Narcotic Wasteland mastermind Dallas Toler-Wade’s 10 most influential death metal albums

Posted by on October 13, 2017


Gorguts, Considered Dead

I remember a friend and local death metal vocalist bringing this tape over to my house. He said “Check these dudes out!” very excitingly. We listened to the whole thing twice while discussing how killer it was. I instantly enjoyed the guitar composition. It is all so well written, and has such a dark mood to it with the finesse of classical music at times. Like many albums on the list, I still listen to this one from time to time.


Suffocation,  Effigy of the Forgotten

Longtime friend and current band mate in Narcotic Wasteland, Edwin Rhone, brought this tape over to my house. This was a game changer for me. The super long sequences in the creepy guitar riffs while keeping the drums straight on course just created a brutality I had never heard. The attention to detail in the sixteenth note guitar picking is impeccable.


Malevolent Creation, Retribution

This was a tough pick for me as I have always enjoyed many of their albums. I chose Retribution because again this album represents the musical growth of a band working to refine what they do. I saw them live not too long after this record was released. I bought the CD the very next day.  I used to have fun playing “Coronation of Our Domain” on the drums at a friend’s house where lots of us local musicians would get together and jam into the early morning.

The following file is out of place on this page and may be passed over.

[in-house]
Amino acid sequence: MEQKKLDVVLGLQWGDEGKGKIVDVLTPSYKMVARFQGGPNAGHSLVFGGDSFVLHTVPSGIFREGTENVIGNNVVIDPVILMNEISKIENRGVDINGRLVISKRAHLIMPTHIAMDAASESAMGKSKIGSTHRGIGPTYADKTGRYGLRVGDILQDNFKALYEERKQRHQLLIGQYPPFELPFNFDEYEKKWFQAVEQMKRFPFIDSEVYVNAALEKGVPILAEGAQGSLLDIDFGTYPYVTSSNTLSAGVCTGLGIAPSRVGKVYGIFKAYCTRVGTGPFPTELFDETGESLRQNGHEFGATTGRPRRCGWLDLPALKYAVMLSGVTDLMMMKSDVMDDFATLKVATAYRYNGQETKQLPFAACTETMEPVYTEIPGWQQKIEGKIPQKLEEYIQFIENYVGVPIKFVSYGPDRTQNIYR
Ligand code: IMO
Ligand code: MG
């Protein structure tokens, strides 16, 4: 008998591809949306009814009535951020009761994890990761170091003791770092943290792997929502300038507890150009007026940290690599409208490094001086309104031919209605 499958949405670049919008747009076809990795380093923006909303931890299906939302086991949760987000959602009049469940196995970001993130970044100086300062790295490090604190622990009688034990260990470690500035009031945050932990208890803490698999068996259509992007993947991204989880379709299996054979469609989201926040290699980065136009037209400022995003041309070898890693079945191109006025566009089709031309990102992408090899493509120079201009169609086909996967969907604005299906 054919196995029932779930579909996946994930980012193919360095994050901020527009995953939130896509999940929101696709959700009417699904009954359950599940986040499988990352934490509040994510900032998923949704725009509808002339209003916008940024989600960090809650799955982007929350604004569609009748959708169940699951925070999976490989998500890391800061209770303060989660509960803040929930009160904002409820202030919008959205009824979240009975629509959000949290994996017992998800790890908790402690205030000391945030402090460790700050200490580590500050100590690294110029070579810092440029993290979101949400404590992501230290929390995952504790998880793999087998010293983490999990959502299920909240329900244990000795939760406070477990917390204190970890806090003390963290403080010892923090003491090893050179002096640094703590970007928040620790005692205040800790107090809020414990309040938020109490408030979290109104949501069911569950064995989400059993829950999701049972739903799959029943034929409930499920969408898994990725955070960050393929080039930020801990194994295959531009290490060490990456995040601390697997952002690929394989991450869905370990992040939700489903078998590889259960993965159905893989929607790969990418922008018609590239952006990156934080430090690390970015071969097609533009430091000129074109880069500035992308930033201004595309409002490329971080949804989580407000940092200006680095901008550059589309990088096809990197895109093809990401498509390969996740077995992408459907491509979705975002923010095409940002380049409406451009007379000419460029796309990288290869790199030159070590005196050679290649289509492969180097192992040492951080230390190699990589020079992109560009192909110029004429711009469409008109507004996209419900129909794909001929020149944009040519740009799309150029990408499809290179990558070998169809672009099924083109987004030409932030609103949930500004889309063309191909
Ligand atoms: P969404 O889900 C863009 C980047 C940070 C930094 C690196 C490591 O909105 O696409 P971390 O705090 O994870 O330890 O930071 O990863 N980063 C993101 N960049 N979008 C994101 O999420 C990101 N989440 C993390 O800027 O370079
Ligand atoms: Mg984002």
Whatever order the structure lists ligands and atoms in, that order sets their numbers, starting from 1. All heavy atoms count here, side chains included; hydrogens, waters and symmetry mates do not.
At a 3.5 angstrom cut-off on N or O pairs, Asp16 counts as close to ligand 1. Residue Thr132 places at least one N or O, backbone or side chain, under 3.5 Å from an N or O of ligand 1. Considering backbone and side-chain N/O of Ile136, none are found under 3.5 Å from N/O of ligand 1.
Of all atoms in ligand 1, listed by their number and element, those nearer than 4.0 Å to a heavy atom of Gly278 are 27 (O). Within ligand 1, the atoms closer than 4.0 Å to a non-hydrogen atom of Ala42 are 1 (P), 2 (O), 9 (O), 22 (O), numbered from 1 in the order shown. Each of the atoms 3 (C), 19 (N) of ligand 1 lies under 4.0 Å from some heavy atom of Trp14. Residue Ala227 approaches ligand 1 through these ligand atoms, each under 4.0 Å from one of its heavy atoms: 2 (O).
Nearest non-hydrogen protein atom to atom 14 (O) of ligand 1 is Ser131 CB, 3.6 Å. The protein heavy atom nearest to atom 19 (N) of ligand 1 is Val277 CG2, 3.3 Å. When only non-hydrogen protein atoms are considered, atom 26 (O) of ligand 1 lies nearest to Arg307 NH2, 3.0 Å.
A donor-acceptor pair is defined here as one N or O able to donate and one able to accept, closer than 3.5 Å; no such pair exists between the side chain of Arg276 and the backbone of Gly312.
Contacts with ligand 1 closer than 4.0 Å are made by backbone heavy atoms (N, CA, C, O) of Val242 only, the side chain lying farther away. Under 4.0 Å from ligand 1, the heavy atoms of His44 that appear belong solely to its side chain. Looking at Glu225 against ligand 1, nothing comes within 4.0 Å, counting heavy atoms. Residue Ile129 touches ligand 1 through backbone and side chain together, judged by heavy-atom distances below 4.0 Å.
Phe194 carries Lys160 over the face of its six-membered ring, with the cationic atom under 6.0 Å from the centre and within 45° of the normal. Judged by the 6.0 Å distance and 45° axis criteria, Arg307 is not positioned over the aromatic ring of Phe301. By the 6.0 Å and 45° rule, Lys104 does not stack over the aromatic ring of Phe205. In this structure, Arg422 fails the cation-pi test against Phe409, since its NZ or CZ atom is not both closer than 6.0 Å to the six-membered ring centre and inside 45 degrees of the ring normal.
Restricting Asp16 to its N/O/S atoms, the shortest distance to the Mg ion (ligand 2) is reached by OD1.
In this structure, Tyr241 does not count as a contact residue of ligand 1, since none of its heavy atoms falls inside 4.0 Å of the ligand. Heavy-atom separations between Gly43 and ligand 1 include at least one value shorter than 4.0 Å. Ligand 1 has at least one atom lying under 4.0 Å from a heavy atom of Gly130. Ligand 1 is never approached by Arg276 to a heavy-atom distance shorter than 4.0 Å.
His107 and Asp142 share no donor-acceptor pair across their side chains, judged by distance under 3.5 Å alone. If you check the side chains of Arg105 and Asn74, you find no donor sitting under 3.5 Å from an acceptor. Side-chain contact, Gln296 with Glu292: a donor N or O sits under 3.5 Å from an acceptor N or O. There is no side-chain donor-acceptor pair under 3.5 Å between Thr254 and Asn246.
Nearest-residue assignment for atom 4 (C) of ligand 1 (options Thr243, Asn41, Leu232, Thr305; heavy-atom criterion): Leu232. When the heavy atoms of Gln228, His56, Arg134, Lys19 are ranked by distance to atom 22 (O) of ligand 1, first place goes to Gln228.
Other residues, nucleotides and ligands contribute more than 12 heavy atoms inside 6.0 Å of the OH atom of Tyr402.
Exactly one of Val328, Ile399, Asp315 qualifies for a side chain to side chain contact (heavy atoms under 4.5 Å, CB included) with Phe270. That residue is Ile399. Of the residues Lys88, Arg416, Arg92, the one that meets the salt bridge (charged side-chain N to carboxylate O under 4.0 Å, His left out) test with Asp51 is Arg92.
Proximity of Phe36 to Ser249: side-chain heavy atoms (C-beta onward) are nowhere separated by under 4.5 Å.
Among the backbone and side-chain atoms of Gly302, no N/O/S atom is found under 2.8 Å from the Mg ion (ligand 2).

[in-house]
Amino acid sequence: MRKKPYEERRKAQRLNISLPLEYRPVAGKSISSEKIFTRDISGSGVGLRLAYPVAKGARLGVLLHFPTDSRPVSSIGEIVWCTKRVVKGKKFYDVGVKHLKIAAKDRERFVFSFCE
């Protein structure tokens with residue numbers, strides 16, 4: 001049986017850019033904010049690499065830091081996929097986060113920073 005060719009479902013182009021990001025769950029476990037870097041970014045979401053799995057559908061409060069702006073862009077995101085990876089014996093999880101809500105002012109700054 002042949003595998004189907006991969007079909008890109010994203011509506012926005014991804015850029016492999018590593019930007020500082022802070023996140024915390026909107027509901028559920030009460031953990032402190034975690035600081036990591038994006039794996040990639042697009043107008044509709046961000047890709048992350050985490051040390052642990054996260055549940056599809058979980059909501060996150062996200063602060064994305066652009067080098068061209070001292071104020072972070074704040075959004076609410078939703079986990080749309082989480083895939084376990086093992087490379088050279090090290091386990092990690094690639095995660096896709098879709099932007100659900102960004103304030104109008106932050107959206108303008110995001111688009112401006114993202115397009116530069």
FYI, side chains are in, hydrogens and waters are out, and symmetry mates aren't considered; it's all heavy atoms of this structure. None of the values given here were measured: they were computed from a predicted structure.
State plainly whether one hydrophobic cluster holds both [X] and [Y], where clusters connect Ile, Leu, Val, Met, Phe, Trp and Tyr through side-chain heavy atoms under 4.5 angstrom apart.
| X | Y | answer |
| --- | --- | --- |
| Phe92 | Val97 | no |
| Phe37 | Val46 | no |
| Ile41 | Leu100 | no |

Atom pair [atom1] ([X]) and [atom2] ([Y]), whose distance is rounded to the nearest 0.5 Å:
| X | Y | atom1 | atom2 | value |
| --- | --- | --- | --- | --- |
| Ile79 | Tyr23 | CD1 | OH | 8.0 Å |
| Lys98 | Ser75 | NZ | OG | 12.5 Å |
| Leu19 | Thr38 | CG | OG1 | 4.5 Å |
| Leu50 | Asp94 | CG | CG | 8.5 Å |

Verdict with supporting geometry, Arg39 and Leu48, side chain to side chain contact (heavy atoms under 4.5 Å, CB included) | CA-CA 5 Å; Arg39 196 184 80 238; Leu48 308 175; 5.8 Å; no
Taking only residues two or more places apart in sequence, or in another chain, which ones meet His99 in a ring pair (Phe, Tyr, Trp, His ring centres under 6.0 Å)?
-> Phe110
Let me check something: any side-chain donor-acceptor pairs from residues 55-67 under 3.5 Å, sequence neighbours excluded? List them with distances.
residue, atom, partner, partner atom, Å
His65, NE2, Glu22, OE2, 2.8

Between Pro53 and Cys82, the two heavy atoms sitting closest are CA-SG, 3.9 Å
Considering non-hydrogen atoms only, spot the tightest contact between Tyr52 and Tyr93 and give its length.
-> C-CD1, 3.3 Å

Immolation, Close to a World Below

Already being a longtime fan of what I consider one of the greatest Death Metal bands of all time, I really have a tough time deciding which album is my favorite. This one really speaks to me. This influenced me at a much later date obviously having been a touring musician myself for many years at that point. The overall vibe is so chilling, and the music and lyrical content really gets me every time I hear it. This band inspires me to be uncompromising in what I want to achieve musically.


Hate Eternal, King of all Kings

Years ago Nile toured with these guys in the United States, and I have been a fan ever since.

The absolute brutality and relentless speed of this band was very influential for me. With the bar being raised at every turning point in the early 2000s, this release was at the forefront, and watching that set was like being beat with a meat tenderizer for 45 minutes every night.  I feel very lucky to have been there watching this absolute insanity take place. 


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